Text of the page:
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School of Shock: John Krish on railway scare film THE FINISHING LINE

22/06/2013 19:33 by Kier-La Janisse


Last fall I was teaching a course at The Miskatonic Institute of Horror Studies on classroom safety films, and after a last minute realization that my fuzzy copy of APACHES wouldn’t cut it on a big screen, my scramble for a replacement led me to John Krish’s ghastly-great railway horror THE FINISHING LINE. Equal parts surreal and scary, I was frankly surprised I hadn’t heard of it when plumbing the catalogue of British Public Information Films for a FANGO article the previous summer. While APACHES has been called ‘The FINAL DESTINATION’ of safety films, THE FINISHING LINE has more balls and more bodies than most PIFs I’ve seen combined. And that’s saying something.

Krish came to direct the 1977 shocker after a long and varied career in the biz; while primarily a documentarian for a diverse array of governmental and corporate producers (placing him at odds with his contemporaries in the post-war Free Cinema Movement), Krish’s genre efforts included sci-fi B-picture THE UNEARTHLY STRANGER (1963) as well as the opening credit sequence for TV’s THE AVENGERS (1961-69) along with children’s films (THE SALVAGE GANG, 1958) and the boldly subversive, recently-unearthed POW drama CAPTURED (1959). At least four of his films went on to be banned, for various reasons discussed below.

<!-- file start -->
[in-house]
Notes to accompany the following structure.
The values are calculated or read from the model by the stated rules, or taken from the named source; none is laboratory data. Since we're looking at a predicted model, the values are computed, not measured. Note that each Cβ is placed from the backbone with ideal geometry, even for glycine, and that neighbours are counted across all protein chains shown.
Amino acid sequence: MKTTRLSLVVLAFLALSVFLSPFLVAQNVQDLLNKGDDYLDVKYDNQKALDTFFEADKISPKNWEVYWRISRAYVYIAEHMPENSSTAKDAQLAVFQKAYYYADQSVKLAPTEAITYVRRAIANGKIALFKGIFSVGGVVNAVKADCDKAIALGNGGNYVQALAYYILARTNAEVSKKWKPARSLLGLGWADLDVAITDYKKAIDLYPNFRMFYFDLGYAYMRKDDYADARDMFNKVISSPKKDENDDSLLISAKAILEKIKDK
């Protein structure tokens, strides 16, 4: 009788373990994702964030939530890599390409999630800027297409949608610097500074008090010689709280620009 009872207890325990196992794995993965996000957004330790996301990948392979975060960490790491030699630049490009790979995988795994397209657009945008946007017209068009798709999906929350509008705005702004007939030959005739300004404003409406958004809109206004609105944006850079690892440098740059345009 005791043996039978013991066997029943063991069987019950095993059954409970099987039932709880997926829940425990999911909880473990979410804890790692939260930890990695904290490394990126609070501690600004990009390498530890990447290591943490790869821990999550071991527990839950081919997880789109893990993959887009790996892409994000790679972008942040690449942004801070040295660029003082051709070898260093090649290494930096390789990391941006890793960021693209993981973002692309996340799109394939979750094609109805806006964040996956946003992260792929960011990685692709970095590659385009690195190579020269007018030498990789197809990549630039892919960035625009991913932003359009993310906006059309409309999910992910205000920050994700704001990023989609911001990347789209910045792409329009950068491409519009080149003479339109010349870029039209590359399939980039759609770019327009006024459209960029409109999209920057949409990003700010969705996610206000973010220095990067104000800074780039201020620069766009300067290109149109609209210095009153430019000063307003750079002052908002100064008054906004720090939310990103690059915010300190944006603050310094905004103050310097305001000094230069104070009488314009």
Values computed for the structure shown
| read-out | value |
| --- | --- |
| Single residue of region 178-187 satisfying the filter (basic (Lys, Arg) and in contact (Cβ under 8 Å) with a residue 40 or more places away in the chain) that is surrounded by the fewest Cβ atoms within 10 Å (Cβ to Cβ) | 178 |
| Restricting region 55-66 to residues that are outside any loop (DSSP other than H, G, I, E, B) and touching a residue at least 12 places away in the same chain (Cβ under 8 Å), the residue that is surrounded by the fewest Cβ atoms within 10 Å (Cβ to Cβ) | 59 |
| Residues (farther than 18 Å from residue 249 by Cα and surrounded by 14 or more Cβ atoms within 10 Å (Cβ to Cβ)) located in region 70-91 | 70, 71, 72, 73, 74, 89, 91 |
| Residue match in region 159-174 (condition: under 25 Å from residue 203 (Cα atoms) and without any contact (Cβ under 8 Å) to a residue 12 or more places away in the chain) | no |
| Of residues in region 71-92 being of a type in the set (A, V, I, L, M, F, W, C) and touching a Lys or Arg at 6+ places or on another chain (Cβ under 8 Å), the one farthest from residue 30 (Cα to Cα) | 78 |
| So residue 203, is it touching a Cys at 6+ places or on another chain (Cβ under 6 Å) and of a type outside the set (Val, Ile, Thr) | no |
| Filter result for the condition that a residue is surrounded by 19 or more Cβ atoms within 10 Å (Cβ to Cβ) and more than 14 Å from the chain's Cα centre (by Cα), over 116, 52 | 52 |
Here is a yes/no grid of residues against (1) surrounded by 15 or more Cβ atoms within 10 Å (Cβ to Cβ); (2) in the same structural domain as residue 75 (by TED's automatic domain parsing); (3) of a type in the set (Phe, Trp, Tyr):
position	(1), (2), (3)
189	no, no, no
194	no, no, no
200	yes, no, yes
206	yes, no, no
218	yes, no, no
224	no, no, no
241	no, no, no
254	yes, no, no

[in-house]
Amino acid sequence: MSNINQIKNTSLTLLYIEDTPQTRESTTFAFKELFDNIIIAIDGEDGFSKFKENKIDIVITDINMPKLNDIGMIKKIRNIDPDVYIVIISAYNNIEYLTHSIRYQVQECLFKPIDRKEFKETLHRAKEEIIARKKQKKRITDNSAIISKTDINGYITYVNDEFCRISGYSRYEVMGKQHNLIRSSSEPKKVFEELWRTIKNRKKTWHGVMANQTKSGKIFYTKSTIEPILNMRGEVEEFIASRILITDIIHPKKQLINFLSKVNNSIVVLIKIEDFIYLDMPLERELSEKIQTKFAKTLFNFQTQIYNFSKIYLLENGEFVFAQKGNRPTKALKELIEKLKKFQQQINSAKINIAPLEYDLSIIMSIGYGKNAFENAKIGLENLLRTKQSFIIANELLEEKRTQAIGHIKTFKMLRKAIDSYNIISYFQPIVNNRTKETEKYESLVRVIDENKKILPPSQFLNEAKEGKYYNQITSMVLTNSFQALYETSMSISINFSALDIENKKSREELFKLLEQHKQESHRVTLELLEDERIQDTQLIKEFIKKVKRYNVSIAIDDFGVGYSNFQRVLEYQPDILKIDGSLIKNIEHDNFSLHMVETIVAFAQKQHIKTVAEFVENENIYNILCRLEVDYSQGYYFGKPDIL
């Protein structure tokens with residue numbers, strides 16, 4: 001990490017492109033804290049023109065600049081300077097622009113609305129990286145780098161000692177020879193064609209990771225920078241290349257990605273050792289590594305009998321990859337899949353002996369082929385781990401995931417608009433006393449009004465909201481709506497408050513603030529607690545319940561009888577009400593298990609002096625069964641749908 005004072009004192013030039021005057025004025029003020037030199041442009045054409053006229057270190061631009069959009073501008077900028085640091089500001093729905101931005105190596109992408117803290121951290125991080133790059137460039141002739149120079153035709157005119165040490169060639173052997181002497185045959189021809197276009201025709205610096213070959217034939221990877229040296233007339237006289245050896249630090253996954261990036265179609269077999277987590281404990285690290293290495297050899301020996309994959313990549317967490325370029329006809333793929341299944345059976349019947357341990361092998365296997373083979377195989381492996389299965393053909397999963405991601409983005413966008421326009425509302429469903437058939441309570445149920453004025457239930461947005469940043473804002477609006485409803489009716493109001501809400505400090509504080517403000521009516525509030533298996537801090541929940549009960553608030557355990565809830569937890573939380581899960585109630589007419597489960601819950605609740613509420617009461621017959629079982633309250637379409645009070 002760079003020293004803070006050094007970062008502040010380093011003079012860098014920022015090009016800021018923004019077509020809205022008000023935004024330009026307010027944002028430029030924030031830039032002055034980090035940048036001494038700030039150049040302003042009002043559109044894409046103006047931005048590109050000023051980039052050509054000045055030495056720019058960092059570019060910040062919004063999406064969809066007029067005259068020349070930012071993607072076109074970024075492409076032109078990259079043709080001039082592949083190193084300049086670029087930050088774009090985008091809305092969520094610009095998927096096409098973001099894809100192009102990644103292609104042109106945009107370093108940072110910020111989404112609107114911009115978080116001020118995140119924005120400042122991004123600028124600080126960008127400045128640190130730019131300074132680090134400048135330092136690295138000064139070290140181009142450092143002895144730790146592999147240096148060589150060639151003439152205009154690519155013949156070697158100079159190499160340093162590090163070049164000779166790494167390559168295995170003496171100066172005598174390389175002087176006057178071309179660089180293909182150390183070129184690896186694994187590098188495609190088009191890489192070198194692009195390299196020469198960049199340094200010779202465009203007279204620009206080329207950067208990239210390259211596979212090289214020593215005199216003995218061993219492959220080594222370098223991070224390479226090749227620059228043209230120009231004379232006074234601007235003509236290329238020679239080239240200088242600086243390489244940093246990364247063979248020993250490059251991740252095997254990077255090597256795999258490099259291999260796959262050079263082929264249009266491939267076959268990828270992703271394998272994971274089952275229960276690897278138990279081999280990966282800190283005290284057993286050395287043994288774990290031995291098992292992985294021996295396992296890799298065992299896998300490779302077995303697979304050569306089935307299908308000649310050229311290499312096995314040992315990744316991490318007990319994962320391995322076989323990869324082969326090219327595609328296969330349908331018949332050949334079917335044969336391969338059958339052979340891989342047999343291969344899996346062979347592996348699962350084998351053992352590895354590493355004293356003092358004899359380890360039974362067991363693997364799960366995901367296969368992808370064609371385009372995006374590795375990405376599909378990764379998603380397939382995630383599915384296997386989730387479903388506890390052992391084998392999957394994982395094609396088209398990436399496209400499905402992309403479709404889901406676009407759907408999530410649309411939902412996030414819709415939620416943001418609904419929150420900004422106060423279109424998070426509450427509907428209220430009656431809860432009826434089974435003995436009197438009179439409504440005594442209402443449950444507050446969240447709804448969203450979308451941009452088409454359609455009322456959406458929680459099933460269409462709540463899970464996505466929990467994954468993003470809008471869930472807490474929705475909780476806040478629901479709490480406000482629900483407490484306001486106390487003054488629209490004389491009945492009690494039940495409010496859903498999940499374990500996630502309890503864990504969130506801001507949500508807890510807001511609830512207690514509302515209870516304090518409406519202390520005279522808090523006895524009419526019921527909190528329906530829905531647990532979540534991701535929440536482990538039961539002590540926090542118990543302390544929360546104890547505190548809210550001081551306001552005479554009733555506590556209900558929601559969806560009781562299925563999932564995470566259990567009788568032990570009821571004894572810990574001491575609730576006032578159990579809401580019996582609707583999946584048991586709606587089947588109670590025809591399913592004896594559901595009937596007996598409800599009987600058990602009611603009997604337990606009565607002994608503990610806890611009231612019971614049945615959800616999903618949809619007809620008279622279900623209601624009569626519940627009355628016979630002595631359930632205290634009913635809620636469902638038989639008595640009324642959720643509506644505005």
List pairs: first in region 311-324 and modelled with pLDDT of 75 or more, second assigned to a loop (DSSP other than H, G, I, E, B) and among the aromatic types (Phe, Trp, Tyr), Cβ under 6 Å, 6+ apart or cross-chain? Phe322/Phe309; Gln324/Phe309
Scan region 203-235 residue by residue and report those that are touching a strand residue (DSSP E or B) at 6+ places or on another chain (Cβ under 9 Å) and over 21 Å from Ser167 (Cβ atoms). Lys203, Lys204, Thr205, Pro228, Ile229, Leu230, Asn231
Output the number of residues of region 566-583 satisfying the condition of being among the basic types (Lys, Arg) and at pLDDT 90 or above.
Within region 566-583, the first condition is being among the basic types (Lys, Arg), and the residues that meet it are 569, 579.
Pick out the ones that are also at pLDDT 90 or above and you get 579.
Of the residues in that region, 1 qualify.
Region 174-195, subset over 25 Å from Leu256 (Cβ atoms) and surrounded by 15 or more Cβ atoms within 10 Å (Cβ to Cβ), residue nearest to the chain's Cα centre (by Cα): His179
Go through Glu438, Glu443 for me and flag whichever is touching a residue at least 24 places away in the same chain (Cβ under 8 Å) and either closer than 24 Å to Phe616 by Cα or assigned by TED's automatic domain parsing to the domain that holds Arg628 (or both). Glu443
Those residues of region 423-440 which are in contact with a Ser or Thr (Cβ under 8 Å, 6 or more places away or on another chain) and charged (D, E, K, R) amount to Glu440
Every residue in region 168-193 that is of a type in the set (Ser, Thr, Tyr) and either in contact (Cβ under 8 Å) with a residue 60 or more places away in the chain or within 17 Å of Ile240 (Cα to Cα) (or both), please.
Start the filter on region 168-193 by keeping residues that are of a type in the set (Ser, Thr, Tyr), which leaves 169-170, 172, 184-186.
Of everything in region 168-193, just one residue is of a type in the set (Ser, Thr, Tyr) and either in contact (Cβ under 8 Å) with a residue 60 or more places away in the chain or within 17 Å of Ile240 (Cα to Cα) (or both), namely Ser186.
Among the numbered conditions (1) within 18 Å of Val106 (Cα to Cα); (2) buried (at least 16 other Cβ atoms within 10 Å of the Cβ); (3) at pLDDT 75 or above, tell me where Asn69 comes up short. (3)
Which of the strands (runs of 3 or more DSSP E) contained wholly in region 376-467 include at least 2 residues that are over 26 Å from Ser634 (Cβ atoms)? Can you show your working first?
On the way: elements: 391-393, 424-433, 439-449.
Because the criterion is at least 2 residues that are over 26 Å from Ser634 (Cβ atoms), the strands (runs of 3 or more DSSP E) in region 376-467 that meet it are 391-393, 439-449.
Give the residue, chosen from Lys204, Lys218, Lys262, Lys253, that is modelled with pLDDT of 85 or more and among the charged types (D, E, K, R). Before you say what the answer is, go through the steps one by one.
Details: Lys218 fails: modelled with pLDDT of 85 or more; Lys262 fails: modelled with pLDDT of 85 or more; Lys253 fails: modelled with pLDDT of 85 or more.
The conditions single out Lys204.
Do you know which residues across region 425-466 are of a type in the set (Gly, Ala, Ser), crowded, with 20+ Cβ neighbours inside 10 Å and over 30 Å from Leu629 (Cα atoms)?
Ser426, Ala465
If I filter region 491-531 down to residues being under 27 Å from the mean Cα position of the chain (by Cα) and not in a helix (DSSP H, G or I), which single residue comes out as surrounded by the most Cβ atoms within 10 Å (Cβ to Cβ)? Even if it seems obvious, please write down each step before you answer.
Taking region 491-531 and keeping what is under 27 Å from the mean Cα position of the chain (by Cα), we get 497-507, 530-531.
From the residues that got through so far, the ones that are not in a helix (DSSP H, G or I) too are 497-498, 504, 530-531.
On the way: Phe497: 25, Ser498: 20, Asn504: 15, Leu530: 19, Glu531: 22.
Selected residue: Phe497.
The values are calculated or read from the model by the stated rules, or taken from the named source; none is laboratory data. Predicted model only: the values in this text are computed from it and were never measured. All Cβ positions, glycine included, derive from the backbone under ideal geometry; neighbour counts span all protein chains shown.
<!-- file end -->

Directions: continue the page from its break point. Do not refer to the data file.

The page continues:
It was with some irony that Krish came to work for British Transport on THE FINISHING LINE; they’d fired him decades earlier over a production dispute on THE ELEPHANT WILL NEVER FORGET (1953), a remarkable documentary about the last days of London’s streetcars that went on to become their most acclaimed and beloved film.

THE FINISHING LINE is equally memorable, but its lingering place in the British psyche is more associated with nausea than tearful sentimentality.  In what has been likened to a Python-esque satire (Krish objects to the comparision), THE FINISHING LINE portrays a fantastical ‘sports day’ along a functioning railway line, where schoolchildren participate in a sanctioned barrage of dangerous games including ‘Fence-breaking’, ‘Stone-throwing’, ‘Last Across’ and – most dire of all – ‘The Great Tunnel Walk’. The end result of all of these games is child fatalities, and Krish doesn’t shy away from showing the bloodied bodies of the fallen players. From today’s perspective, it’s a miracle this ever got made, much less funded by a government organization. But I can bet if you saw this film as a kid, there was no way in hell you’d find yourself near a railway line anytime soon.

Upon a recent visit to the UK, I went with filmmaker and sometime FANGO scribe Sean Hogan to Krish’s home in West London, where the 90-year old filmmaker welcomed us for a sit-down interview.


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